Stay One Step Ahead

IAG Auction 87 - A Solid Result

IAG auctions in recent years are often half done before the first lot is offered - dozens of bidders have lodged many hundreds of bids, meaning the vast majority of the sale can be “covered” long before the doors are opened to the auction room.

It may be however that the bidders who make the effort to attend are either more committed with their bids or get caught up in the heady atmosphere of the event, because despite the strong foundation laid by the internet bidders in this most recent auction, the room and phone bidders still made their presence felt.

Here are the headline numbers for IAG 87, and although the clearance rate might be a touch on the light side, that isn’t without explanation as we’ll see. The relatively high average lot value shows there was confidence in certain sections of the market on the day.

IAG 87 Results

Nett Turnover

# Sold

# Above $10k

Total

$773,050.56

644

8

Lots offered

 

830

 

Clearance Rate

 

77.59%

 

Average Lot Value

 

$983.93

 

The 8 lots that had a hammer price more than $10,000 were:

Lot #

Item

Hammer

Nett

177

R19 Superscribed £1 Fine

$16,000

$19,520

178

1915 Rainbow £1 good Fine

$12,000

$14,640

180

1923 Miller Collins £1 R22bL Very Good

$11,300

$13,786

400

1966 Type I Specimen Set of Banknotes

$27,500

$33,550

401

1992 ~ 1996 1st Generation Specimen Set of Banknotes

$37,500

$45,750

499

1935 Proof Penny

$14,000

$17,080

550

1933 Shilling PCGS MS65

$18,000

$21,960

652

1949 Five Pounds Coombs / Watt R#47M 1000000 Serials good Very Fine 

$13,500

$16,470

The sale opened briskly with the world coins, the prices made for the German New Guinea coins in particular were stronger than I’ve seen comparable coins make at auction internationally. The proclamation coins that followed were similarly active - a low clearance rate wasn’t a concern at all in this section.

The next series were the predecimal coins that were both affordable and mid-range when it comes to quality. There were no particularly remarkable results there, they were in line with what similar coins are currently making elsewhere.

The stakes were raised with the next section of pre-federation banknotes. This was a broad offering of 24 different notes - a good mix of proofs, specimens and issued notes. 13 of these notes sold, which I’d suggest is a positive result, even though it’s lower than you’d think for an effective session. A number of the lots that were passed in had reserves higher than what I thought the items warranted, which indicates that although this area of the market is finding some traction, buyers are only comfortable when staying with values at the lower end of their current range.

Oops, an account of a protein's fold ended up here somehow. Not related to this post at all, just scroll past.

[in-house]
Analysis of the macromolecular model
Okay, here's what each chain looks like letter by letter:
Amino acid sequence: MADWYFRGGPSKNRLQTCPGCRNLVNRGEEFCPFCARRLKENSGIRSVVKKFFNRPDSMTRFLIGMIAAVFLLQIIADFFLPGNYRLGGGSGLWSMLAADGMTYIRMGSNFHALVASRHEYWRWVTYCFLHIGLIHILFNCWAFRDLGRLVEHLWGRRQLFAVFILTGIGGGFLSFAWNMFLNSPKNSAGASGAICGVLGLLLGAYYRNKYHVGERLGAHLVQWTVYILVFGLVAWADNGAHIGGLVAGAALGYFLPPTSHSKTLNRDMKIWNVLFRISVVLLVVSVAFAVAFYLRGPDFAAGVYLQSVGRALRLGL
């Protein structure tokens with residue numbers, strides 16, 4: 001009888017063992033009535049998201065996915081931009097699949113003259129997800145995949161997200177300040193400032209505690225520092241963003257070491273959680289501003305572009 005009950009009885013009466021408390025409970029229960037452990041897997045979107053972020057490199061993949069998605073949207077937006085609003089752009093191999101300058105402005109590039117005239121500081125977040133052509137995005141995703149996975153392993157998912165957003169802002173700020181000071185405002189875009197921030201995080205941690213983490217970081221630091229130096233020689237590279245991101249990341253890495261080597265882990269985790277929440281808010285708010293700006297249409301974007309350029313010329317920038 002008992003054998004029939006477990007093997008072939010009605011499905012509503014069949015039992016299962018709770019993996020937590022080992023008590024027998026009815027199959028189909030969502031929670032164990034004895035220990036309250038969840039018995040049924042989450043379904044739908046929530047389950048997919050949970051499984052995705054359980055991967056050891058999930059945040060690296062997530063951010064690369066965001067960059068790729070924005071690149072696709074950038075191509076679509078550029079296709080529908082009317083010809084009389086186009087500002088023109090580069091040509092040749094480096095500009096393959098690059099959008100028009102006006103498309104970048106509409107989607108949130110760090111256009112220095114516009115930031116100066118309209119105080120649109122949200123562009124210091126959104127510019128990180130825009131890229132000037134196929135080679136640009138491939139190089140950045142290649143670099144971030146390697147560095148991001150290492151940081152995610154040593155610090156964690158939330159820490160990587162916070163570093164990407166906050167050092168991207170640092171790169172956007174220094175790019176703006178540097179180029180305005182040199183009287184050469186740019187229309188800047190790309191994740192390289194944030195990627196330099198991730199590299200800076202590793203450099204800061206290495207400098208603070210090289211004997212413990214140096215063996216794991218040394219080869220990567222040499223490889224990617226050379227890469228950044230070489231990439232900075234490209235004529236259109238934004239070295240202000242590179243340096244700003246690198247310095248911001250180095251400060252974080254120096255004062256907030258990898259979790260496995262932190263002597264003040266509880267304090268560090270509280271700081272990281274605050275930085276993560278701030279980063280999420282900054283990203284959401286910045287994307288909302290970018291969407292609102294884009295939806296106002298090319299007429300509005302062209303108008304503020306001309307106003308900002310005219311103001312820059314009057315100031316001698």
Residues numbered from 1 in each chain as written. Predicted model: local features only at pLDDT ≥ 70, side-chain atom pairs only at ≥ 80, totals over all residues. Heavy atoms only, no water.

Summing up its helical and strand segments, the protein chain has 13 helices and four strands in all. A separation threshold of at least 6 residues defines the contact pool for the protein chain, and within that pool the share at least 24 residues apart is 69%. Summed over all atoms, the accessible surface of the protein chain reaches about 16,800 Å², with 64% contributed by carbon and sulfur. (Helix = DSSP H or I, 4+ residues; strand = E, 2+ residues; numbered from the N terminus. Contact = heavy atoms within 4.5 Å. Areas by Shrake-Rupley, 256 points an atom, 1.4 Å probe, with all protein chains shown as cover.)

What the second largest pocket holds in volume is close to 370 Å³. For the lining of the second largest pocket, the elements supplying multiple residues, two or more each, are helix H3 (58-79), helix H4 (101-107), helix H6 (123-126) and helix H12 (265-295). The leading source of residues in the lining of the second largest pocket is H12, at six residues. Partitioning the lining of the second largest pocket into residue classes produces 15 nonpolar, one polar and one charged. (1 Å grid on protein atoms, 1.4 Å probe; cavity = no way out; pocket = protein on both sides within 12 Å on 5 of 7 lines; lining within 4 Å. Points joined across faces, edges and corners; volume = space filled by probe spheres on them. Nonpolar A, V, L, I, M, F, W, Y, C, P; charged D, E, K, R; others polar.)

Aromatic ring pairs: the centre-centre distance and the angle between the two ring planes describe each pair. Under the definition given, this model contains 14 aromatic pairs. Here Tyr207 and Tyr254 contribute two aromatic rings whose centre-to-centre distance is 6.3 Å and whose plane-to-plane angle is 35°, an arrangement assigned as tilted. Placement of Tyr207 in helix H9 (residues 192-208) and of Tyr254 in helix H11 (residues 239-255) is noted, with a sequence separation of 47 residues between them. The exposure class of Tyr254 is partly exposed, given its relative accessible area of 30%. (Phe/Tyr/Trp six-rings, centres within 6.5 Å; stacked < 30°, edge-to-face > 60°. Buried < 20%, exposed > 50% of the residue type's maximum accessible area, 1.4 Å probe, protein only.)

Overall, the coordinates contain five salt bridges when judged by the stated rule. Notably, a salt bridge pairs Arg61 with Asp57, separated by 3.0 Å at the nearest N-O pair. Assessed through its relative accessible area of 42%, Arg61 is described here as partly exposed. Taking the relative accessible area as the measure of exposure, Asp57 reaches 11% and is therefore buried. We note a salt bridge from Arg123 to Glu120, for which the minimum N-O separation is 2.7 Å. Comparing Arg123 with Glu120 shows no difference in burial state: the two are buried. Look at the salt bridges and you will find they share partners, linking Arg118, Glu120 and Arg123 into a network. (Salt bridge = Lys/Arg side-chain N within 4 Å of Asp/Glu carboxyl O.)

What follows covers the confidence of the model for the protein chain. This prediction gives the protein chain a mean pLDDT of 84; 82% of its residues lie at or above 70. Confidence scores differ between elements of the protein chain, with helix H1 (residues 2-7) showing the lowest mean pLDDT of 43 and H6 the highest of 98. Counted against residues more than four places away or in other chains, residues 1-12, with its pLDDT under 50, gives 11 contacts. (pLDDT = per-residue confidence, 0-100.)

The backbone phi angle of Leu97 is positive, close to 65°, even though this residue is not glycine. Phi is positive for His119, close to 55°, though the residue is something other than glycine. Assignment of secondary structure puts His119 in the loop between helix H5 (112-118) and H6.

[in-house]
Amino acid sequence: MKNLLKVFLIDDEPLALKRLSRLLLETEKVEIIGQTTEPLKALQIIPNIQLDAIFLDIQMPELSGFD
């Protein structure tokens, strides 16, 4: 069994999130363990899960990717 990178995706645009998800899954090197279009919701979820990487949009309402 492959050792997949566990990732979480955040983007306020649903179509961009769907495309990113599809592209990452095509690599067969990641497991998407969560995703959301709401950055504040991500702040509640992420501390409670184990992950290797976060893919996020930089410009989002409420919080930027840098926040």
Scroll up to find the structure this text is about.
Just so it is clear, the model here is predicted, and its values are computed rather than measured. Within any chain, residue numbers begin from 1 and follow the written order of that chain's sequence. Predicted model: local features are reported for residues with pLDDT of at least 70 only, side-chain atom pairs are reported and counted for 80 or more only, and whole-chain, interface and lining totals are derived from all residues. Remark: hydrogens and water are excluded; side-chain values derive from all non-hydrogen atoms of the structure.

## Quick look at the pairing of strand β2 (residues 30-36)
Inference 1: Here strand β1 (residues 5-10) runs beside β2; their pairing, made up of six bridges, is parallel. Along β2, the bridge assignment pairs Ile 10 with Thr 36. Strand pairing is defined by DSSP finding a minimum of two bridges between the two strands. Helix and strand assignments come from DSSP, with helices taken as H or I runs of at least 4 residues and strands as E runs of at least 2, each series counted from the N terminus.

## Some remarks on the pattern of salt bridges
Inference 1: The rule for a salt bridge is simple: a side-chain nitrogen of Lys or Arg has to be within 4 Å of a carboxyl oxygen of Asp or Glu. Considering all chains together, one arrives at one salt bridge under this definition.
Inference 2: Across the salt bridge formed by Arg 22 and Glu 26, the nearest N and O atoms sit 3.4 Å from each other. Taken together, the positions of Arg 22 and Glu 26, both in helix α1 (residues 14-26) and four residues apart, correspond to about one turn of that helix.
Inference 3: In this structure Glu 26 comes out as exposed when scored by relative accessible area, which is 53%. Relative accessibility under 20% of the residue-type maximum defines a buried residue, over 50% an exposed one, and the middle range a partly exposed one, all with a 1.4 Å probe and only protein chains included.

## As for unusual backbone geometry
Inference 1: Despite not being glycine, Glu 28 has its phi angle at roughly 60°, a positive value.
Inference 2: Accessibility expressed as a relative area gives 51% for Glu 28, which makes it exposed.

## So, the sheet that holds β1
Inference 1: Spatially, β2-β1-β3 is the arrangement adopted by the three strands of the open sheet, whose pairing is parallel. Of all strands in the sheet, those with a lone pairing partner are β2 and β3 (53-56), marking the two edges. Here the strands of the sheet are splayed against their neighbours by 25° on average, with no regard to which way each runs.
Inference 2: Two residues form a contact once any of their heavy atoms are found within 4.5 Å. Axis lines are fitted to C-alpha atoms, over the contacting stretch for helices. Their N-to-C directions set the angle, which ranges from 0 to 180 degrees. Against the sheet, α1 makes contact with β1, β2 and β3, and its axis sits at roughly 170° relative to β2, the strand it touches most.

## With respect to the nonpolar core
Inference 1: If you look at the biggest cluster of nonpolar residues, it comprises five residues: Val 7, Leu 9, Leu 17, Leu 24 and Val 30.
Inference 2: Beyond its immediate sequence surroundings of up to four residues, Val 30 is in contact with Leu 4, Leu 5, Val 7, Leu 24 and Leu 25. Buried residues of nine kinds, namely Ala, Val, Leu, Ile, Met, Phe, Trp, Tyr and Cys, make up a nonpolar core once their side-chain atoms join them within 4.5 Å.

Pre-Decimal Banknotes - Patchy With Sections of Strength

Results for the pre-decimal notes that followed looked good but were patchy - it was very positive to see some historic and rare (and valuable) notes get away however. Although not all of those more valuable items got away, that can happen in an auction in any stage of the market. The clearance rate of around 67% for the pre-decimal notes reflected a good level of active interest from discerning collectors. Check the list of high value lots above and you can see the historic Superscribed R19, as well as the Rainbow pound both went to new owners. The result for the R22bL showed that one of these hadn’t been seen for a while - it was fought over by more than a few keen collectors.

Australian gold sovereigns and halves followed, and this is where the sell-through rate lifted. There weren’t any particularly spectacular items here, not for quality; history or rarity, however 80% of those  offered got away. Results for the better Commonwealth coins that followed eased off, confirming that this is now a tough area of the market for vendors. As the first generation of Australian collectors attacked their PCGS registry sets with gusto, values for Australian pre-decimal coins have been incredibly strong over the past 5 years or so. This activity appears to have settled to sustainable levels, and values now largely reflect the number of new collectors entering the market, as well as the number of collectors retiring.

Make no mistake, where the grade of a coin reflected a rarity that forced collectors to compete up to the retail value for a coin (or higher), that’s exactly what happened. The fact is however there are far fewer coins these days that have those characteristics in the current market.

The results for the pre-decimal proof coins showed just how tough this area of the market is at the moment. Just 55% of the coins offered up here got away, which shows they had to be either top quality or dirt cheap for someone to get in and consider buying them. I can see the lesser coins here plumbing new lows in the months ahead as a result, as that is the only way the backlog of unsold inventory can get away.

The paper and polymer decimal notes were really active across the board - first and last prefixes, sets, NPA products and regular ol’ notes were all popular with bidders. As always, the error and variety sections were both heavily contested - more than a few items made prices that were more than a few thousand dollars apiece.

Wer all know from our own lives that some (most!) days in the office are unspectacular - we get good work done without incident or fanfare, and that was exactly how it went down at IAG 87.

Category [ Tags:
Category: 
]
Comments (0)